Glenn Stevens lays down some cold hard truths about a so-called property crash.
There’s still 20 years left in this boom.
That’s what Glenn Stevens seems to be suggesting. (You remember Glenn, right? Serious kinda guy, was the Governor of the RBA until a few months ago…)
The NSW government just asked Glenn to write a “Housing Affordability Report”.
This wasn’t the tell-all memoir of his heady days at the RBA that I was hoping for, and in fact, it’s not much of a read at all. But I can give you the basics.
First up, this is a political document, written for a political audience. That’s why pretty much all his recommendations are about fixing the supply side of the market – streamlining planning, releasing more land etc.
All good ideas, but you get the sense that these were the solutions the government was asking for.
He did say he’s not much of a fan of first home owner grants because he thinks the money could be better spent freeing up the supply side of the market. He probably has a point. Maybe NSW is about to wind back it’s FHOGs?
But the thing that really jumped out at me is the picture he painted of the current demand/supply balance in the market.
First up, Sydney still has a massive shortage, and supply has failed to keep up with demand since the turn of the century.
“Most observers agree that the supply side of the market in general has struggled to keep up with demand, probably for most of the past decade. To be sure, construction rates (a flow) are presently at record highs. But there is a stock issue: the previous period of underbuilding beginning around the mid 2000s leaves a cumulative shortfall in the number of dwellings, estimated by the Department of Planning and Environment (DPE) to be as large as 100,000 dwellings.”
So we currently have a shortage of 100,000 houses. That’s just in Sydney. That’s huge.
As he points out, housing is a bit funny. The market has multiple ways to adjust. Maybe the kids stay at home longer. Maybe we form larger households (average household size has ticked up in recent years, for the first time 50 years!). So this involves a lot of assumptions about people’s housing preferences.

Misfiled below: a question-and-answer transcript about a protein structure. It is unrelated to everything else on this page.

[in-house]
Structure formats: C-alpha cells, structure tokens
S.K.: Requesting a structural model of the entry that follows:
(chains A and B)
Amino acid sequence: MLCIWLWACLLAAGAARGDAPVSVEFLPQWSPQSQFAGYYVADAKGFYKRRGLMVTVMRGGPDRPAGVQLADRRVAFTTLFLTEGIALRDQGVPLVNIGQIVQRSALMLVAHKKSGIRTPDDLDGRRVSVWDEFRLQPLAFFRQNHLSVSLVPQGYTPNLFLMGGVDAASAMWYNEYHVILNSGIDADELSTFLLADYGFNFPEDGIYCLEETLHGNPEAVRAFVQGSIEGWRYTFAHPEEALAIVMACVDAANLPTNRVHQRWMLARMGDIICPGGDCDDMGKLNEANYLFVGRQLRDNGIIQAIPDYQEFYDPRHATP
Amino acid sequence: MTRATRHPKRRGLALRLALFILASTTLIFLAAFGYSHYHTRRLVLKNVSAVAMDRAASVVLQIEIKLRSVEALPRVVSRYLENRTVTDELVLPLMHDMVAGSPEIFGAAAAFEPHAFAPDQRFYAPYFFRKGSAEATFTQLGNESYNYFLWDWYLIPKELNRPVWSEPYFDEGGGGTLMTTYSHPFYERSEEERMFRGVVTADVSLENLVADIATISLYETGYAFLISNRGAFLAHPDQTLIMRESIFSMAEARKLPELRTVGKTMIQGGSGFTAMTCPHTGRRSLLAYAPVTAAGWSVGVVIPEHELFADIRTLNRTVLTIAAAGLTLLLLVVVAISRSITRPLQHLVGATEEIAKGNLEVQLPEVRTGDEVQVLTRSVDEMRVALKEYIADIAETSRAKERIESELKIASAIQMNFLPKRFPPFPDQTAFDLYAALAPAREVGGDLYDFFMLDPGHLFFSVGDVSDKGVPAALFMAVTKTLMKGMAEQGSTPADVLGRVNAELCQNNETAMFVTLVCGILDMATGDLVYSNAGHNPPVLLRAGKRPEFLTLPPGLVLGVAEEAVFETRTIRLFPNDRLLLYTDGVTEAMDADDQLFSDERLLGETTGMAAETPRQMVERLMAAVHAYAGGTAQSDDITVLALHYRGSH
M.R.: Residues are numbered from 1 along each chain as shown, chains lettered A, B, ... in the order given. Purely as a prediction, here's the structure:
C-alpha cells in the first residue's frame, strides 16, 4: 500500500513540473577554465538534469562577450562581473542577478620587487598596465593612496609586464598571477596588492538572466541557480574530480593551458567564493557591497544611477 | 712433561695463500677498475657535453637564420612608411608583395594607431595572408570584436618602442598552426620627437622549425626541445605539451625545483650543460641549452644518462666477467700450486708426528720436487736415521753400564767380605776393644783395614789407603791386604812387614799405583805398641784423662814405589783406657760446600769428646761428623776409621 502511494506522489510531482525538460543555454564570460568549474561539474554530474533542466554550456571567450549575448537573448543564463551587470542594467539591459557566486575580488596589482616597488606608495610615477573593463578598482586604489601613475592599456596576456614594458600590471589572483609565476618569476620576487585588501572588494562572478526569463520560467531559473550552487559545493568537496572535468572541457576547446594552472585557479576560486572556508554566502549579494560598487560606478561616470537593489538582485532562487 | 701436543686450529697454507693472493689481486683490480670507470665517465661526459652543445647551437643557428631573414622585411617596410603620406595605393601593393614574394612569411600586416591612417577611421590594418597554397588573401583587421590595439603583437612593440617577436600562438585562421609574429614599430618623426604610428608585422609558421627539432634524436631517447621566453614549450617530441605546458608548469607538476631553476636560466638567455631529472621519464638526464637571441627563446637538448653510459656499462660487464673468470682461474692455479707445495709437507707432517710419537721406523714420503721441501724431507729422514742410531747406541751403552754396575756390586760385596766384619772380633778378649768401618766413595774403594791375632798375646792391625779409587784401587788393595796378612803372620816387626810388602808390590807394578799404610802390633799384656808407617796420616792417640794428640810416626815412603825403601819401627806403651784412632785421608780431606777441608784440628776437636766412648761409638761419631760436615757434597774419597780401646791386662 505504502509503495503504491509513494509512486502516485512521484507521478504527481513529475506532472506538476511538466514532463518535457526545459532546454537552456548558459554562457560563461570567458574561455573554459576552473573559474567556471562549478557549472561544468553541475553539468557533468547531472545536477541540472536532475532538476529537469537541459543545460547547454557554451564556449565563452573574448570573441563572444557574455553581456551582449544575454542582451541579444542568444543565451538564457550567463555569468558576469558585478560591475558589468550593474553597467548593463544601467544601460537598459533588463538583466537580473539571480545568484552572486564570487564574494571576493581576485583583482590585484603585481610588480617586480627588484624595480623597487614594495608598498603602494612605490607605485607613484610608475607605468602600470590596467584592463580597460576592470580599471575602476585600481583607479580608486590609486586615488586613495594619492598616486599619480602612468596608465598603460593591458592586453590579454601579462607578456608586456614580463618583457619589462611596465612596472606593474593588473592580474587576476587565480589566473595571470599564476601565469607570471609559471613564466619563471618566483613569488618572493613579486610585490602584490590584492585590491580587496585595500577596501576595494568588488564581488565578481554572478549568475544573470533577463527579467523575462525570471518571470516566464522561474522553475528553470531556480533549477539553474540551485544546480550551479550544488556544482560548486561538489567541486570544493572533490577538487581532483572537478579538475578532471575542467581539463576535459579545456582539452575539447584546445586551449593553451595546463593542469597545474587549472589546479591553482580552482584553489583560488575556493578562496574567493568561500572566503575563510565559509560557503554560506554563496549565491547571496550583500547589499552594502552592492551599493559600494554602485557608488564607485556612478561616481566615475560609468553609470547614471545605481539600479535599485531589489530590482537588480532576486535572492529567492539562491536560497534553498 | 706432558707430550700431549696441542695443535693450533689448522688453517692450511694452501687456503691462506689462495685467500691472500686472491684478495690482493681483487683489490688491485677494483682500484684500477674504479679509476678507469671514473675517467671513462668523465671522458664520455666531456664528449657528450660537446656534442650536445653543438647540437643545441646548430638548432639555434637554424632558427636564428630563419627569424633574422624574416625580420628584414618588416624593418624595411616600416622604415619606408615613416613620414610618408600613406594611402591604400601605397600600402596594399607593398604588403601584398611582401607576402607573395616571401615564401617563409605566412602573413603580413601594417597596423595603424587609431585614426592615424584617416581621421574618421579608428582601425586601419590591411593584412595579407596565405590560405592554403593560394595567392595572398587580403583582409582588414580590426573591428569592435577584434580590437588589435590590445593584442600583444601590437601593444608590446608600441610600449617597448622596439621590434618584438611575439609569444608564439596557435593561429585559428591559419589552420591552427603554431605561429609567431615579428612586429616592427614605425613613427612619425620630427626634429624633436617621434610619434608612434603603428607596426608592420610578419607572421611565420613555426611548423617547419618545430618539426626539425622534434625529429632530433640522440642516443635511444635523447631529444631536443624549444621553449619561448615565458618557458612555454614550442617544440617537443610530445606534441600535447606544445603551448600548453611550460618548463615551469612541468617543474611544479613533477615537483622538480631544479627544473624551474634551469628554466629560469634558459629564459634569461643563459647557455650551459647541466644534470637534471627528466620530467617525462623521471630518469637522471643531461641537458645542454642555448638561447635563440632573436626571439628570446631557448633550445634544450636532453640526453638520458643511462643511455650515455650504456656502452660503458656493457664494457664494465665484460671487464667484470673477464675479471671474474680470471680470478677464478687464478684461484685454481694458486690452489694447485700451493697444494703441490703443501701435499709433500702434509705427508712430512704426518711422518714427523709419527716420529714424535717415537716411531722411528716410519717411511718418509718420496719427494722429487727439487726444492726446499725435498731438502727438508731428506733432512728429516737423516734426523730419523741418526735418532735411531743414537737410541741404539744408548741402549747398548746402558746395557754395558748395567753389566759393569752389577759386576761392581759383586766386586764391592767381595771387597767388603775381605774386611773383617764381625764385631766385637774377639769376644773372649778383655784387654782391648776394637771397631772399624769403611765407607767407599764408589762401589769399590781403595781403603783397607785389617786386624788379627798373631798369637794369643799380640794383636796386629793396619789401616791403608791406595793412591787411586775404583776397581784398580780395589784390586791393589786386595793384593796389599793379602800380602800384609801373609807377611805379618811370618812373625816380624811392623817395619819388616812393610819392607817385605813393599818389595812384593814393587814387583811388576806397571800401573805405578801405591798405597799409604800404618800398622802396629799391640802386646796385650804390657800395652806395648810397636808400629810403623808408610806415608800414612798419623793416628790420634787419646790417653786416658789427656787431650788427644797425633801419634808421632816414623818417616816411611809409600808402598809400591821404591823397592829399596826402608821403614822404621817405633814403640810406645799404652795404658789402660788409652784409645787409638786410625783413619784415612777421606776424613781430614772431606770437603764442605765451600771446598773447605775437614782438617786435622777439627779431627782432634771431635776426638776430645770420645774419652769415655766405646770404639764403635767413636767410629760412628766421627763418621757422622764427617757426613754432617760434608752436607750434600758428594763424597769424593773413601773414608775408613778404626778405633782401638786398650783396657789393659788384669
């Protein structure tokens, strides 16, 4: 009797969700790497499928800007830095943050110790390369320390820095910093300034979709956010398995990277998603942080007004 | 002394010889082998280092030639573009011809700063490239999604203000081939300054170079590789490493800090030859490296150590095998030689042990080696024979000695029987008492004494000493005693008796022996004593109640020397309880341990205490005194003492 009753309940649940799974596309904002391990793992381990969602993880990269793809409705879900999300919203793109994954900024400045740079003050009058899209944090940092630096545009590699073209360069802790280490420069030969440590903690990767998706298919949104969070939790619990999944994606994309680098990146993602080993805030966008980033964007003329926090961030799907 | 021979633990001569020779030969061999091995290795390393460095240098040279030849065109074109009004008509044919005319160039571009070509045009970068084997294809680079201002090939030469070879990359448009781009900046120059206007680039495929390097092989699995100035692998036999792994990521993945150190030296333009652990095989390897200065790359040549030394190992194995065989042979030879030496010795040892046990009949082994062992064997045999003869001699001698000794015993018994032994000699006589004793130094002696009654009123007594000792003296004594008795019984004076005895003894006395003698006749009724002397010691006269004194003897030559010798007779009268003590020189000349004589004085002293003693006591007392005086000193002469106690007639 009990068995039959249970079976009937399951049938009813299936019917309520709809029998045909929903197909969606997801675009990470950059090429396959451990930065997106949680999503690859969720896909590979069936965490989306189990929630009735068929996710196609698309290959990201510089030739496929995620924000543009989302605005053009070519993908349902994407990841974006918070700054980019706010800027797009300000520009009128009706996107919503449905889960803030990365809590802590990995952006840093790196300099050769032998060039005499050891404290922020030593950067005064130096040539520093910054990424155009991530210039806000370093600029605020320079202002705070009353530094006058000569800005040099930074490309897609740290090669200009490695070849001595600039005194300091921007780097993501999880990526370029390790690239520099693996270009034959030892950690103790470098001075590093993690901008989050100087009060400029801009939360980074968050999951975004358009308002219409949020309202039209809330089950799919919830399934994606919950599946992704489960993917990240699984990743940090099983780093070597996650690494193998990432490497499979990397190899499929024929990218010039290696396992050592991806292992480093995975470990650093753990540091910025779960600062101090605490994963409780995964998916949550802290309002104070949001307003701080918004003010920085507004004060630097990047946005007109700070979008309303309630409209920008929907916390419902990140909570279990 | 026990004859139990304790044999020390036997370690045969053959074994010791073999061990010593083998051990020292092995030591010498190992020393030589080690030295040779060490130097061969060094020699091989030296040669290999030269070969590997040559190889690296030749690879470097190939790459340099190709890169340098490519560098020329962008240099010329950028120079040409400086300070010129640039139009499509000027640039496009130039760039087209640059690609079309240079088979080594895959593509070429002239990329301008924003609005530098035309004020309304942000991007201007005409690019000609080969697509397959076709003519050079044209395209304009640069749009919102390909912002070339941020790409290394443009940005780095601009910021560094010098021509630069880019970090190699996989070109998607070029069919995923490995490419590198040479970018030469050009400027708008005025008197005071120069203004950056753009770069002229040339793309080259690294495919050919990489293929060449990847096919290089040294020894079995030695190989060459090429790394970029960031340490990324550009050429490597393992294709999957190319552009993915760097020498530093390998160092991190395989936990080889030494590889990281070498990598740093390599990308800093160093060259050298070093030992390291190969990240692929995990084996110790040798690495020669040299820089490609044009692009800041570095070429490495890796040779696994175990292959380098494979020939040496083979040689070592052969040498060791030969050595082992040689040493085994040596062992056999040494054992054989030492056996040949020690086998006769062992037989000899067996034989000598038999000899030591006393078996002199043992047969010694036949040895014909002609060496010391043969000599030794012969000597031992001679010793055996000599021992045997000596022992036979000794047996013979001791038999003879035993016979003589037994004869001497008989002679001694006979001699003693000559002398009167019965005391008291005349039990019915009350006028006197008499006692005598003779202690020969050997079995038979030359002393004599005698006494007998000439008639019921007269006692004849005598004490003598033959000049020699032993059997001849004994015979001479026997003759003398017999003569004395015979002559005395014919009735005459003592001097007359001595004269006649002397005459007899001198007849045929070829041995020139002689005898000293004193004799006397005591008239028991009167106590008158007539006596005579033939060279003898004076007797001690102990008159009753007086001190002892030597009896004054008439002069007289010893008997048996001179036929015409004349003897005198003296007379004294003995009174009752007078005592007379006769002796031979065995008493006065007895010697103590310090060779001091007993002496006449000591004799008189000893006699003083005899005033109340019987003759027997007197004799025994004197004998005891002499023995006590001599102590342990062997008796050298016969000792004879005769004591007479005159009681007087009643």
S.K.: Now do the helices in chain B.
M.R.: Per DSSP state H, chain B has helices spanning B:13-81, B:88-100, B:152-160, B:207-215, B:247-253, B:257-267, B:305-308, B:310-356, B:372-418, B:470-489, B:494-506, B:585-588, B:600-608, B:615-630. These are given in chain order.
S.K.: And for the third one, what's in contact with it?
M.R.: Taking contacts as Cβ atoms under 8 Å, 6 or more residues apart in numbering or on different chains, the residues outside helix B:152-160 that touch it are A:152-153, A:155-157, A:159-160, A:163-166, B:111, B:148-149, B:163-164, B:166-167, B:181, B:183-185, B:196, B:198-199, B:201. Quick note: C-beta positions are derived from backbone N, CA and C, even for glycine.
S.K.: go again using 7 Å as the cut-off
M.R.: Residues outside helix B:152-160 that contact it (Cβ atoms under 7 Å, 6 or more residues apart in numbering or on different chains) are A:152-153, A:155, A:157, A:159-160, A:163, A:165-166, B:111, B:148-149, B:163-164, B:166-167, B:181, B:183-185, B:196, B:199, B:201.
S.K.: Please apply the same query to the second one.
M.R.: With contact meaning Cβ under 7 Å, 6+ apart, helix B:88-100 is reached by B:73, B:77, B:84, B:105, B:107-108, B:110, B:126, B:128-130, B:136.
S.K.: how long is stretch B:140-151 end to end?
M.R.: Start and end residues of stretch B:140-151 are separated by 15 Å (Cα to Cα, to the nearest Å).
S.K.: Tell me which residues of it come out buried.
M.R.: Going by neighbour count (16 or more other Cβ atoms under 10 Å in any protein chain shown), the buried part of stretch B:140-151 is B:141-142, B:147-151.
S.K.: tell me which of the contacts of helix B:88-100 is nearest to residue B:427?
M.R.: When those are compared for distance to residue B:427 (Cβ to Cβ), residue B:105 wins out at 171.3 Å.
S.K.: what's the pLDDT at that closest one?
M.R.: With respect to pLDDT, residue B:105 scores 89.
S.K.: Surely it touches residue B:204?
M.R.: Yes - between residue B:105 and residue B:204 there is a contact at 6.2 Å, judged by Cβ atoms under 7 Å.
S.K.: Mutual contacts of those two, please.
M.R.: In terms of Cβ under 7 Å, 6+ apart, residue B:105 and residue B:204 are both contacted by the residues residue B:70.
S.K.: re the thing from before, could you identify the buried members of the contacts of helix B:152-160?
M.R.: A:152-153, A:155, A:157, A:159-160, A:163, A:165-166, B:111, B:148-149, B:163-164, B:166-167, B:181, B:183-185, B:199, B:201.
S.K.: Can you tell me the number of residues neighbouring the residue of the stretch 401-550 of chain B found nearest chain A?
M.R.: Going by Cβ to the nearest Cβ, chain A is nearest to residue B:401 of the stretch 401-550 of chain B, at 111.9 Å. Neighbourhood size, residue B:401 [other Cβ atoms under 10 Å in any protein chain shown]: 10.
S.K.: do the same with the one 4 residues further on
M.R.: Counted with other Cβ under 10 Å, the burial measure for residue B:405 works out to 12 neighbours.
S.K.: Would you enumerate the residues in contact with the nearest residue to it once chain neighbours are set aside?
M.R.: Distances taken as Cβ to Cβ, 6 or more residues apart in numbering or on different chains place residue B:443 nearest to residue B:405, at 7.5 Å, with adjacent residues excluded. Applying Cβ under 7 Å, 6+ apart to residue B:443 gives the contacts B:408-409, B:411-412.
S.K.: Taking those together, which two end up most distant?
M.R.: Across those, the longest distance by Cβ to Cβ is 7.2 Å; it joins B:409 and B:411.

But still, the general point is true. Supply has lagged demand, and in that environment, price increases are inevitable. And that’s just what we’ve had.
But the question then is, where are we going?
This is where it gets interesting. As Stevens points out, the task is monumental:
“The Sydney growth targets envisage, roughly speaking, about 700,000 new dwellings in the Sydney region for an additional 1 ¾ million residents, over twenty years.
There are about 1.7 million dwellings in the Sydney region now as a result of accumulated investment over the period since 1788.
The plan is to add, in 20 years, 40 per cent in net terms to that stock.
Such an outcome would require current rates of commencements, which are at a high, to be maintained, or exceeded, on average, over two decades, in a notoriously cyclical industry – and without costs escalating significantly.
This is, to say the least, an ambitious goal.”
So he’s saying that if we want to keep the current market balance – which remember is already heavily tilted towards shortage – if we just want to tread water on that front, then we have to increase the housing stock by 40% in twenty years.
And that means taking the super-charged rates of dwelling construction (driven largely by a misguided over-investment in high-rise apartments), and maintaining them at the very least. Some years we’ll have to build much more.
And all this is in a context where land is in shorter and shorter supply, planning restrictions seem to be getting tighter, and costs are rising.
That means the Sydney market, which is already in shortage, is just going to get tighter and tighter.
That means we’re just going to see more upward pressure on prices that are already pretty crazy.
And in that context, the current boom could just run and run.
… and then run some more.
And when will it end? Well, when we get the market back into balance.
And when’s that going to happen? Well, if you believe Glenn Stevens (and many would), not any time in the next twenty years.
This is the nature of Aussie property, and why this market will just keep on burying the doomsayers.
Just ask Glenn.
Is Glenn right?